IROS 2010 Workshop: Defining and Solving Realistic Perception Problems in Personal Robotics

IROS 2010 Workshop:  Defining and Solving Realistic Perception Problems in Personal Robotics

When: October 18, 2010

Where: International Conference on Intelligent Robots and Systems (IROS) 2010, Taipei, Taiwan



09:00 - 09:10 Welcome / Opening remarks (by Organizers)
09:10 - 10:00 TOD: Textured Object Detection using Features2D in OpenCV
Gary Bradski, Willow Garage/Stanford University
10:00 - 10:20 Coffee break
10:20 - 10:50 NARF: 3D Range Image Features for Object Recognition
Bastian Steder, University of Freiburg
Presentation, Paper
10:50 - 11:20 Scene Representation and Object Grasping using Active Vision
Jeannette Bohg, KTH
Presentation, Paper
11:20 - 12:00 Object Weight Classification Using Proprioceptive Feedback
Kaijen Hsiao, Willow Garage
12:00 - 13:40 Lunch break
13:40 - 14:10 Modeling the World Around Us :: An Efficient 3D Representation for Personal Robotics
Kai Wurm, University of Freiburg
14:10 - 14:40 Single View Categorization and Modelling
Dejan Pangercic, TUM
14:40 - 15:20 Automatic 3D Reconstruction and Modeling
Benjamin Pitzer, Bosch Research
15:20 - 15:40 Coffee break
15:40 - 16:10 Bundle Adjustment techniques for Reconstruction
Kurt Konolige, Willow Garage/Stanford University
16:10 - 16:55 Invited talk: Size matters: 2.1D representations for recognition and grasping
Trevor Darrell, UC Berkeley
16:55 - 17:25 Panel discussion (led by Gary Bradski)
17:25 - 17:30 Closing remarks (by Organizers)


Important Dates:

  • Submissions Due: July 23, 2010
  • Notification of Acceptance: August 1, 2010
  • Final Papers Due: August 15,  2010
  • Workshop at IROS: October 18, 2010


As personal robotics platforms, such as the Willow Garage PR2, become increasingly available, there will be an emphasis in the research community on creating algorithms that are successful in the real world.  Many robotics problems, such as planning or grasping, are currently addressed in simulation, where the state of the world is known. However, in the physical world, the assumption of a known world model falls apart and perception becomes a serious bottleneck. In this workshop, we aim to explore perception problems whose definition is general enough to be practically useful, but specific enough that the problem can be solved today. For example, detecting and registering objects on a planar support, assuming reasonable object separation and a small set of models known a priori, would enable object manipulation research. We solicit papers that describe useful perception problems that facilitate robot behaviors, and their proven solutions.


We solicit paper submissions, optionally accompanied by a video, both of which will be reviewed (not double-blind) by the program committee. The review criteria will be: technical quality, significance of system demonstration, and topicality. Each paper should have an explicit problem statement including constraints, and describe the robot behavior that the solution to the problem would enable.  Each solution should be made reproducible by others, either via in-depth explanation or by making source code available. Finally, the solution should be tested and shown to actually solve the problem. Videos will be shown during the workshop.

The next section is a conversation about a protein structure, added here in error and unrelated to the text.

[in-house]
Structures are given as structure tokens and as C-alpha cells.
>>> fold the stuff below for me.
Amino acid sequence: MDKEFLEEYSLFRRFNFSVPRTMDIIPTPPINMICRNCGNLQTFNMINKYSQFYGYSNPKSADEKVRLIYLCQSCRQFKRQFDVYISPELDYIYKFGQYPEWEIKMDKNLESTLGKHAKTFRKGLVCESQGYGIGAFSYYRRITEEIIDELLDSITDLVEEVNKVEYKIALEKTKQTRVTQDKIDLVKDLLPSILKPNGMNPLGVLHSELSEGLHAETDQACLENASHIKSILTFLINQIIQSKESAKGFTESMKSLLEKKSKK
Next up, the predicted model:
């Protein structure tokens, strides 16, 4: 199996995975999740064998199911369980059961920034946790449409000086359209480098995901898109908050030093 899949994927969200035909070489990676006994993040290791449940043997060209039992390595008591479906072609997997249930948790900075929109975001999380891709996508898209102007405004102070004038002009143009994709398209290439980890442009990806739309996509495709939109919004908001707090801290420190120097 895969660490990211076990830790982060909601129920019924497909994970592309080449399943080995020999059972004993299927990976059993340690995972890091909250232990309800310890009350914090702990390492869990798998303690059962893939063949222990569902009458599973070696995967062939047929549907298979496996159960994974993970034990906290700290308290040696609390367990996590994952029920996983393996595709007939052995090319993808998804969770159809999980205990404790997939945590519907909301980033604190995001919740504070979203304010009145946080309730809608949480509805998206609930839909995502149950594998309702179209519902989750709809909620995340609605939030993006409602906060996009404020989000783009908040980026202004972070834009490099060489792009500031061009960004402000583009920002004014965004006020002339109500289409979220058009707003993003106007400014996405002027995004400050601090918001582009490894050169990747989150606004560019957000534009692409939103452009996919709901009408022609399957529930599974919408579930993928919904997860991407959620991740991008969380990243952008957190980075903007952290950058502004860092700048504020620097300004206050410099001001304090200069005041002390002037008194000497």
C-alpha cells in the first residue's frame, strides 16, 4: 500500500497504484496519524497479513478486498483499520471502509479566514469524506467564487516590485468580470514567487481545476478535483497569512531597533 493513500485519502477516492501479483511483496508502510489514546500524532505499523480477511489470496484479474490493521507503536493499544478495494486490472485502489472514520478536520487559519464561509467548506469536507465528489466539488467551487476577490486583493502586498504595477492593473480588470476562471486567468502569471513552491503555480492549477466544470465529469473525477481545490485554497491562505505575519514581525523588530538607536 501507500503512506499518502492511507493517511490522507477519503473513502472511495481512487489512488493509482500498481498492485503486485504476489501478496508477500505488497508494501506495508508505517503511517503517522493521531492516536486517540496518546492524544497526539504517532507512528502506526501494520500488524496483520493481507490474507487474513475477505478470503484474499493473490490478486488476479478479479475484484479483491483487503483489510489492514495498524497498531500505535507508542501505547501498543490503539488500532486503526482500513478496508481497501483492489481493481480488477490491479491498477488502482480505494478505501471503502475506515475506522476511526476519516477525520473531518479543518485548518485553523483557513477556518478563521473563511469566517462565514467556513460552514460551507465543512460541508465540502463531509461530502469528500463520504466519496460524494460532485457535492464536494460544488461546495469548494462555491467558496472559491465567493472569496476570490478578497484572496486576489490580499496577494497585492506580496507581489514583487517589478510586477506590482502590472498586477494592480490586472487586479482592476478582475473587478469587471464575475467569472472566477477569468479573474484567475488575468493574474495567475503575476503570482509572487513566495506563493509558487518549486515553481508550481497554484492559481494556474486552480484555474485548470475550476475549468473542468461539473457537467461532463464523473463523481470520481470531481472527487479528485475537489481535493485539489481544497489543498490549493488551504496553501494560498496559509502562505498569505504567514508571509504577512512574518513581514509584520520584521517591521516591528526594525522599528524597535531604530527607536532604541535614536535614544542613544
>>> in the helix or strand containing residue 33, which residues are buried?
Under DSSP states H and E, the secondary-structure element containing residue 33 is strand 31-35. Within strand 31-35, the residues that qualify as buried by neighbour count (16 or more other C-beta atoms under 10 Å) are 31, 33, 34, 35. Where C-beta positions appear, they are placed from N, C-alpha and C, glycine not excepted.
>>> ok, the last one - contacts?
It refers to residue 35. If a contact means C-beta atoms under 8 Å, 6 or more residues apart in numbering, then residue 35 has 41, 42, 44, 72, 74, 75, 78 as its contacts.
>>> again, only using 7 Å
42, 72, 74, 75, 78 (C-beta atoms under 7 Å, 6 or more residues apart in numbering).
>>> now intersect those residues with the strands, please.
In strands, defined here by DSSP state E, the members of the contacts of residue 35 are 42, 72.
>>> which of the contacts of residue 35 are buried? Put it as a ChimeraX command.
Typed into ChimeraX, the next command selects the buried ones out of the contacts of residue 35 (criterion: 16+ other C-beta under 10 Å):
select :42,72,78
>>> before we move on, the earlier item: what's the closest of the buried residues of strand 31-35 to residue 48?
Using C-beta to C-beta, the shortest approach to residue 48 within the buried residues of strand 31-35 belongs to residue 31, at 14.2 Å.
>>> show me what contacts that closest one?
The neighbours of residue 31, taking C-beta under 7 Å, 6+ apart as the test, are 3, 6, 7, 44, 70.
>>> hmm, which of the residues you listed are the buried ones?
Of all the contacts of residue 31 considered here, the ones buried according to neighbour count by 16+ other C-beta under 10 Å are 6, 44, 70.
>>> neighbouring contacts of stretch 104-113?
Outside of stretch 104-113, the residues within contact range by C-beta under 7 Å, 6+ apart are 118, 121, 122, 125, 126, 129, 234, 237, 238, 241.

Accepted papers and videos will be assembled into proceedings and distributed in CD format at the workshop. If there is sufficient interest, we will pursue publication of a special journal issue to include the best papers.

The topics of interest include, but are not limited to:

  • 3D object recognition
  • semantic scene interpretation based on point clouds or image information
  • object modelling for manipulation and grasping
  • accurate 3D collision models
  • surface reconstruction for close-range scenes
  • vision for manipulation
  • deformable objects
  • object classification based on manipulation experience/capabilities
  • perceiving people
  • recognizing failure in any of the above areas to enable recovery actions.

Papers should be in PDF format, conform to the IEEE requirements, and be maximum of 8 pages in length (shorter papers are welcome). Videos should be in the MPEG format, 3-5 minutes in length, and easily viewed with free video players (please try playing your video on a couple of different machines before submitting).

Email submissions to: Please do not attach video files to email; include a URL instead.


Program committee:

  • Rosen Diankov, Robotics Institute, CMU, USA
  • Dieter Fox, University of Washington, USA
  • Charlie Kemp, GeorgiaTech, USA
  • Lorenzo Natale, IIT, Italy
  • Andreas Nuechter, Jacobs University Bremen, Germany
  • Giorgio Metta, IIT/University of Genova, Italy
  • Morgan Quigley, Stanford University, USA

Robot logo based on the work of Marius Sucan